Sunday, September 27, 2015

Birds Playing in Pools

In a short time, these American Robins knocked almost all of the water out of the pool.

Loud and boisterous, Blue Jays can be the pool bullies.
A few years ago I wrote a blog about attracting birds to your yard by using water.  To this day, it remains one of my most popular posts.  I think that's because we love seeing birds just outside our windows, and we really love seeing birds playing in water.  I know I do, and for several reasons.  First, it's fun!  Birds playing in pools of water are about as cute as anything in nature.  They're funny, and I can watch them for hours - leaving all of the world's cares behind.  Second, they're right in front of me!  There's no warbler neck from staring up into the canopy.  And they're right outside the window; I don't have to go anywhere to see them.  And finally, and this is an important one for serious birders, the birds can be studied for a long time with an unobstructed view.  This often results in seeing things that are rarely seen in the field.  I first realized this by accident.  My birding partner and I like to practice using our cameras by sitting outside quietly, waiting for birds to come to a birdbath or drip pool, and snapping away.  The photos revealed little things that are hard to see in the field like the red in the eye of a Red-eyed Vireo or the orange in the crown of an Orange-crowned Warbler.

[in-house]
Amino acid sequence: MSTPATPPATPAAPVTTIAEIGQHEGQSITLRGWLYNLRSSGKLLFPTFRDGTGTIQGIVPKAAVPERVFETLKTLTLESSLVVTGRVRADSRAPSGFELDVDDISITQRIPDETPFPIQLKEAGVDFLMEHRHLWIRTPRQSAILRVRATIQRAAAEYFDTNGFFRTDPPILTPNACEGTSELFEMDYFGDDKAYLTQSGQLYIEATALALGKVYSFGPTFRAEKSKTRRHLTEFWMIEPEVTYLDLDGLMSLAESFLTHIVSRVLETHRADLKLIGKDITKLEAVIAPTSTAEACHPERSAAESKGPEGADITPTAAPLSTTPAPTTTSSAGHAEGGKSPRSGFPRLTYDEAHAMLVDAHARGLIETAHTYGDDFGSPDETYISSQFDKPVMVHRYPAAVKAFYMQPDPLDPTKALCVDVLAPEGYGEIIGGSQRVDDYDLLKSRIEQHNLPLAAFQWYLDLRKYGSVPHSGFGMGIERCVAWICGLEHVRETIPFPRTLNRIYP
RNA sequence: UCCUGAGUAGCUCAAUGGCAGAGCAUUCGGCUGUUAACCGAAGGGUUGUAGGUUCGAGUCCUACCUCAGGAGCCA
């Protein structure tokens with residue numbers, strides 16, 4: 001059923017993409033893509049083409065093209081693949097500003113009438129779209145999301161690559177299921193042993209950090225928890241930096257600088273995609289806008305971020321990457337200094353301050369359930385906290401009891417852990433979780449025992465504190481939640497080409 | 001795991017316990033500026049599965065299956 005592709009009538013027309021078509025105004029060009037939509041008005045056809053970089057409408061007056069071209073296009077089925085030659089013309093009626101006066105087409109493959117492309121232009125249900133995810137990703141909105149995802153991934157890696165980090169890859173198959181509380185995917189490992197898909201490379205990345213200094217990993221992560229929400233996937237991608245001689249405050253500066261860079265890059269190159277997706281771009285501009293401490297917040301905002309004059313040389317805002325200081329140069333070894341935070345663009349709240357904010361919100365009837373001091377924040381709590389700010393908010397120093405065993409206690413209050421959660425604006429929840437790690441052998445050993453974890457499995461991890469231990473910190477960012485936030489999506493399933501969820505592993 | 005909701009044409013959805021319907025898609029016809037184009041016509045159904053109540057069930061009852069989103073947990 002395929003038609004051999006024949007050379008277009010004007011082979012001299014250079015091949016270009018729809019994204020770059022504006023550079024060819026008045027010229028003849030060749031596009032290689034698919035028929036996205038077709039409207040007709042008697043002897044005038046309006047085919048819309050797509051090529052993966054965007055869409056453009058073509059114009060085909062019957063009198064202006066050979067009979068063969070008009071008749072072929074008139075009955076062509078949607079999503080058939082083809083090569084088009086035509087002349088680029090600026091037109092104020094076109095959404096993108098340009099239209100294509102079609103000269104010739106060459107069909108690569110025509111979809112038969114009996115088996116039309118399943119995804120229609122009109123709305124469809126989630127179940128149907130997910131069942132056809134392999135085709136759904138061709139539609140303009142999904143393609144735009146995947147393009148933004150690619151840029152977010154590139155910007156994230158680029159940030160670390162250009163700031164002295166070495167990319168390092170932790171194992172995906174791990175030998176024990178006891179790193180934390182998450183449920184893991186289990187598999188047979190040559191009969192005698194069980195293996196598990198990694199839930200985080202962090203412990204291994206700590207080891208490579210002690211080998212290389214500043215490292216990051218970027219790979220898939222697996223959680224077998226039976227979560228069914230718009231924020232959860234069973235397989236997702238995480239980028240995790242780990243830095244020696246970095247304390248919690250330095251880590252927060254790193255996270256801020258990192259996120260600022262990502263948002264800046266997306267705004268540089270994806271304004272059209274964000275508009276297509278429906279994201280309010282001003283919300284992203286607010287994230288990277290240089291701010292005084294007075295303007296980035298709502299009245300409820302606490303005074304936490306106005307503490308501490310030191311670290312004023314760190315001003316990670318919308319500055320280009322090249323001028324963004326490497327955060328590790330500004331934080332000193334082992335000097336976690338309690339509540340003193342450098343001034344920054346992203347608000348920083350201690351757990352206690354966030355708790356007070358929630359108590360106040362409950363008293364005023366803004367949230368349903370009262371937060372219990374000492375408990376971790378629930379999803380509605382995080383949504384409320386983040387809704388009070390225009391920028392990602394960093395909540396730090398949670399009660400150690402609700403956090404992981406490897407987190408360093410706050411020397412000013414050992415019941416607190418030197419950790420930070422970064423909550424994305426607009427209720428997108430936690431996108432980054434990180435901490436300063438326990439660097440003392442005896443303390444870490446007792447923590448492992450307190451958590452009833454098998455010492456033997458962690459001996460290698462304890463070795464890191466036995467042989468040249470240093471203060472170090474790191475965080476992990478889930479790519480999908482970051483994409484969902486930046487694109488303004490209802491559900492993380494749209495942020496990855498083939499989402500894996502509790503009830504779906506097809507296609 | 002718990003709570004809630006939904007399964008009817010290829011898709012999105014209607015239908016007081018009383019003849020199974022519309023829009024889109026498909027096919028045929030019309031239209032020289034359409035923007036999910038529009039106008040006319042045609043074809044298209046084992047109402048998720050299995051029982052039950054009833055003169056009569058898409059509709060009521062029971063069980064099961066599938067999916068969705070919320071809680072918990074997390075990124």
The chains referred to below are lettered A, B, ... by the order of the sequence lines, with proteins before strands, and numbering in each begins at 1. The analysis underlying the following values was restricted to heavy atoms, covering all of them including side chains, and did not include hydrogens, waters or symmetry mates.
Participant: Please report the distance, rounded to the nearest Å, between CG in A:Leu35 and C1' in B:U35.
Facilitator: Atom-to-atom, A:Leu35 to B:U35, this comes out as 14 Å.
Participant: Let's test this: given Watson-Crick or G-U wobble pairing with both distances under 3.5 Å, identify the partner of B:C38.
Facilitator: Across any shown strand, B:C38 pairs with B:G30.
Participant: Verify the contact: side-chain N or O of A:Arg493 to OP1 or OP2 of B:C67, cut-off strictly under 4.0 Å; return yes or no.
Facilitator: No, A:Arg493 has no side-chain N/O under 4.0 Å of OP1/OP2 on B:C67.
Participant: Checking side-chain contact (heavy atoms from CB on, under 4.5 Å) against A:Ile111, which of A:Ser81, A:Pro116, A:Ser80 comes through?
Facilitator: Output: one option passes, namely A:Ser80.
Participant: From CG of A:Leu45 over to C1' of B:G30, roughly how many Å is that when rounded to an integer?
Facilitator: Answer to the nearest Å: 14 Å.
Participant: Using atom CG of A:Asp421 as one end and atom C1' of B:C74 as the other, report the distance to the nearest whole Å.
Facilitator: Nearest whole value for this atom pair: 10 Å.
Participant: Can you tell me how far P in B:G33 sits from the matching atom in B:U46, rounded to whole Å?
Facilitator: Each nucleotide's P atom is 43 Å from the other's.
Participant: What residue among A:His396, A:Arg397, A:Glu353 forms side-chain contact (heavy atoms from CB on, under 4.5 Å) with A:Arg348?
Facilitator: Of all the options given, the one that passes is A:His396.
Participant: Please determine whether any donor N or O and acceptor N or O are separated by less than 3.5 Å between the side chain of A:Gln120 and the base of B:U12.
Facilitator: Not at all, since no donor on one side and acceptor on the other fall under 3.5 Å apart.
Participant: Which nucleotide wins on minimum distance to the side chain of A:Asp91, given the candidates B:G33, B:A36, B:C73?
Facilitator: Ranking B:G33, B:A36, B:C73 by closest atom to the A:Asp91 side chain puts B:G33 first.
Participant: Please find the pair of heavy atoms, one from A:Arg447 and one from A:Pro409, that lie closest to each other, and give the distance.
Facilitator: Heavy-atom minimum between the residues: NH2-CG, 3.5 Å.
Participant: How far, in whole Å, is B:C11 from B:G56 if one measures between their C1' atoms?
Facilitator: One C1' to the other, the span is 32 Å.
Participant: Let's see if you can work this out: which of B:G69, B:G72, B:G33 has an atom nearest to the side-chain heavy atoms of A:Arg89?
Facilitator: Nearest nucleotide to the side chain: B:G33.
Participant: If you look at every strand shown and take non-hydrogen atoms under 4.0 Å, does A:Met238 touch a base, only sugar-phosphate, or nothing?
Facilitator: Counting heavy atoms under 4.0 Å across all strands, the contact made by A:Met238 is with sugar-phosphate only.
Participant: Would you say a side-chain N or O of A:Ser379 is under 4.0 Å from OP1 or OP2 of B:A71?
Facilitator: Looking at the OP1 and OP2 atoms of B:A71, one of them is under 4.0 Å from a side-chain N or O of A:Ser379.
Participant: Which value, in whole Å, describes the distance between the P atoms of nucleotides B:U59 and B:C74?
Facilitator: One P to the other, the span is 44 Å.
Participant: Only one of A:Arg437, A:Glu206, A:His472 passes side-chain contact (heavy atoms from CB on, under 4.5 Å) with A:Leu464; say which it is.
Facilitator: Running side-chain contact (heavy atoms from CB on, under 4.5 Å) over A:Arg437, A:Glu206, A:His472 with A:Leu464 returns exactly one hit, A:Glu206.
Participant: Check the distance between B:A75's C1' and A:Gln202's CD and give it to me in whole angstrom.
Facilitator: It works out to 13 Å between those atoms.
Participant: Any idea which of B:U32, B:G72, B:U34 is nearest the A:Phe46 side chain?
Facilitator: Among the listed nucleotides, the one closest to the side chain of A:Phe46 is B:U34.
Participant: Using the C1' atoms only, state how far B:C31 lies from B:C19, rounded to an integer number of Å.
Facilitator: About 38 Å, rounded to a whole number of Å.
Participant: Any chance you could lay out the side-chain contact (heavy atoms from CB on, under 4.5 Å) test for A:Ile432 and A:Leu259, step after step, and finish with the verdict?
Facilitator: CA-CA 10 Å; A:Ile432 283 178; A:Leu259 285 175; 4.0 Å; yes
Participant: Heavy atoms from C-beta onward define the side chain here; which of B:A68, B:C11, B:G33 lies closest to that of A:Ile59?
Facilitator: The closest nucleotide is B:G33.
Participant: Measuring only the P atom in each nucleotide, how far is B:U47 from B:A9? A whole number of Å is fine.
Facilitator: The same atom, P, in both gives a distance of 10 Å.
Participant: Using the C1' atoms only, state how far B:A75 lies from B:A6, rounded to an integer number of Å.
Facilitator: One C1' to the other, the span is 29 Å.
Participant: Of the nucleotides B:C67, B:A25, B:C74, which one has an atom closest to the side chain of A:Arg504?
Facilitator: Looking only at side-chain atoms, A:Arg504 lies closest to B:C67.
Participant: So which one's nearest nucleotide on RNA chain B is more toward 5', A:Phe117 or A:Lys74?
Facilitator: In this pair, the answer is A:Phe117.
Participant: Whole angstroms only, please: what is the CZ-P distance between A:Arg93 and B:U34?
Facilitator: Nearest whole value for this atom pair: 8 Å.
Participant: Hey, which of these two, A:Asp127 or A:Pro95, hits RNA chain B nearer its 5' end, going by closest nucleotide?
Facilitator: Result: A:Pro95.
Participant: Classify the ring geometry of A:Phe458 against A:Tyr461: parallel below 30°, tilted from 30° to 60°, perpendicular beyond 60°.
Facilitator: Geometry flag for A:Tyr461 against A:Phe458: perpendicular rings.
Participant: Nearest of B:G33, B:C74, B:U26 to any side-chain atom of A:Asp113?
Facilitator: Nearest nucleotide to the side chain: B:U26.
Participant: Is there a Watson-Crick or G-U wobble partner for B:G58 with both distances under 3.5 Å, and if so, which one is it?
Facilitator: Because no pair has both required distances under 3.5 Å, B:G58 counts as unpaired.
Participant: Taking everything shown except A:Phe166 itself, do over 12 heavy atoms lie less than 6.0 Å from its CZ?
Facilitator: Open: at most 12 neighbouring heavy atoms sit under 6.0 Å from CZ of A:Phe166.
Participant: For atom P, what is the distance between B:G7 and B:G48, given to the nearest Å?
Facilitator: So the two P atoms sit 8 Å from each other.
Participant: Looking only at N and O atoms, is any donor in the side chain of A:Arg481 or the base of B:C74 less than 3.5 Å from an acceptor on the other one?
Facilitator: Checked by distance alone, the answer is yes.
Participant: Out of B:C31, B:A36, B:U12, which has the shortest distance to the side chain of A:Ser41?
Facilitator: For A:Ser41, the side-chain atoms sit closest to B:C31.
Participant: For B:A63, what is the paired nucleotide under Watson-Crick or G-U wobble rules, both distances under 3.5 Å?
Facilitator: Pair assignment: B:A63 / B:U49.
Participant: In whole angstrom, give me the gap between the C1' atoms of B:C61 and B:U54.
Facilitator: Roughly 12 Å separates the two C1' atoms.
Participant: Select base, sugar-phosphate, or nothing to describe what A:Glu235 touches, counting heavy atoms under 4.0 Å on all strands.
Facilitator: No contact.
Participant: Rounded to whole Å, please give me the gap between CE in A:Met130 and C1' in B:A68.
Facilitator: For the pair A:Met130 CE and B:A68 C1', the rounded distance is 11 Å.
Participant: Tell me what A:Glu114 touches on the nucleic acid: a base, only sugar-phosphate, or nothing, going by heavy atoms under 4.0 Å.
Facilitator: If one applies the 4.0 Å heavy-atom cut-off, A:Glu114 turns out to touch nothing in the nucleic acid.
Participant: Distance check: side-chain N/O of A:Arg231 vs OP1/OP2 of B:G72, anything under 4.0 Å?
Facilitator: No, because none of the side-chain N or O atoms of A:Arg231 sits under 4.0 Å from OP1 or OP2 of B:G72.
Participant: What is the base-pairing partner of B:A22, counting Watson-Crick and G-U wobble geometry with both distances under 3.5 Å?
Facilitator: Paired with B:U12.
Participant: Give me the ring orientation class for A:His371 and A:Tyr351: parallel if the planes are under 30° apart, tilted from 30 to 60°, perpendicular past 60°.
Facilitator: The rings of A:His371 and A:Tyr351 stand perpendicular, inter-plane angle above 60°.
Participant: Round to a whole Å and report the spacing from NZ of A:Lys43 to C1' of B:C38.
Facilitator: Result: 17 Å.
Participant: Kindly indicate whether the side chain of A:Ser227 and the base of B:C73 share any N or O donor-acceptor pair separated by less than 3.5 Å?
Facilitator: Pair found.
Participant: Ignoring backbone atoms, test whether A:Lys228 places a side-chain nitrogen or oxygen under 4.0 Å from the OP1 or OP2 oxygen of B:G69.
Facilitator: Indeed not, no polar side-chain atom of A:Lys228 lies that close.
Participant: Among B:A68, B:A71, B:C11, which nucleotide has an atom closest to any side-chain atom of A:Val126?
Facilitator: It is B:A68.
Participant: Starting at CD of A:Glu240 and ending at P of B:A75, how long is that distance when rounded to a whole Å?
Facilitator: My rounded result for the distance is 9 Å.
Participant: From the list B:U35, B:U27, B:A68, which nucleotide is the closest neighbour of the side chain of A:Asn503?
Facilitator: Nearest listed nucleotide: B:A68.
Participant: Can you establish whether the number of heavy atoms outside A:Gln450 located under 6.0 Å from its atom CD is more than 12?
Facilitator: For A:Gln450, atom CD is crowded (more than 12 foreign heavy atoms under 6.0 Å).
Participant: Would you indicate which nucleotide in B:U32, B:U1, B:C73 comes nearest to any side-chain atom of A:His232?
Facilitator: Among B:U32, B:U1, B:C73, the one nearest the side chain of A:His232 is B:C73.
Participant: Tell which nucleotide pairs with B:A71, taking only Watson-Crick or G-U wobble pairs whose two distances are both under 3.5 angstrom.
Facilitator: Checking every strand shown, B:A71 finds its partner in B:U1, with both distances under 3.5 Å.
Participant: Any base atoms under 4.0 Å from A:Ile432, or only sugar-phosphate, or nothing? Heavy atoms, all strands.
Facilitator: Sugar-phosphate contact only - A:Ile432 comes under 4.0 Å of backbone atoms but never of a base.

With all of that said, the truth is that the photos of birds playing in pools are just fun to look at.  So I've decided to do a blog series that is really an excuse for publishing some wonderful photos with very little commentary from me.  I'll do about one of them a month until I run out of photos.  I hope you enjoy them.  This month I'm focusing on the typical backyard birds any of us might see in and around our yards.

Some birds prefer to play in a mist of water rather than get into the pool.  This Carolina Wren got really close to the nozzle and soaked up the cooling mist on a hot day.  Look at the beads of water all over his little body.

Other birds prefer to wallow in the pool, spending a long time in a leisurely bath.  Northern Cardinals are among the most prominent birds in eastern backyards, and they love the water.

Normally, Brown Thrashers look fearsome and severe, but this one is just cute!  Living up to his name, he thrashed around in the little puddle until he was a complete ball of fuzz. 

The buffy colored feathers on the sides of the Tufted Titmouse below suggest that this is a mature bird.  Mature or not, it looks like he enjoys a good soaking.

Carolina Chickadees really like the water.  Occasionally they take a shower in a fine mist.  And this little one apparently enjoys singing in the shower -- but then again, don't we all?

Other Chickadees prefer a good dip in the pool.  And why not?  It gets really hot in Florida.

I think this was couples day at the spa.

I think it was "Boys' Swim" time at the pool when this was taken.  The belly of a male Cardinal can be seen in the upper left hand corner, hanging out with this handsome looking male House Finch.  Do you think they were comparing shades of red?

I think the Northern Parula is a beautiful bird, but when seen in the field, they are always moving in and out of the foliage above me.  As a result, it's rare to get an opportunity to appreciate just how striking they are. 

"Hey, aren't you gonna take my picture, too?"  This Red-eyed Vireo seemed to mug it up for the camera while taking an extended shower.

Come back in a few weeks for another dozen photos of birds playing in the pool.  Next month: Warblers!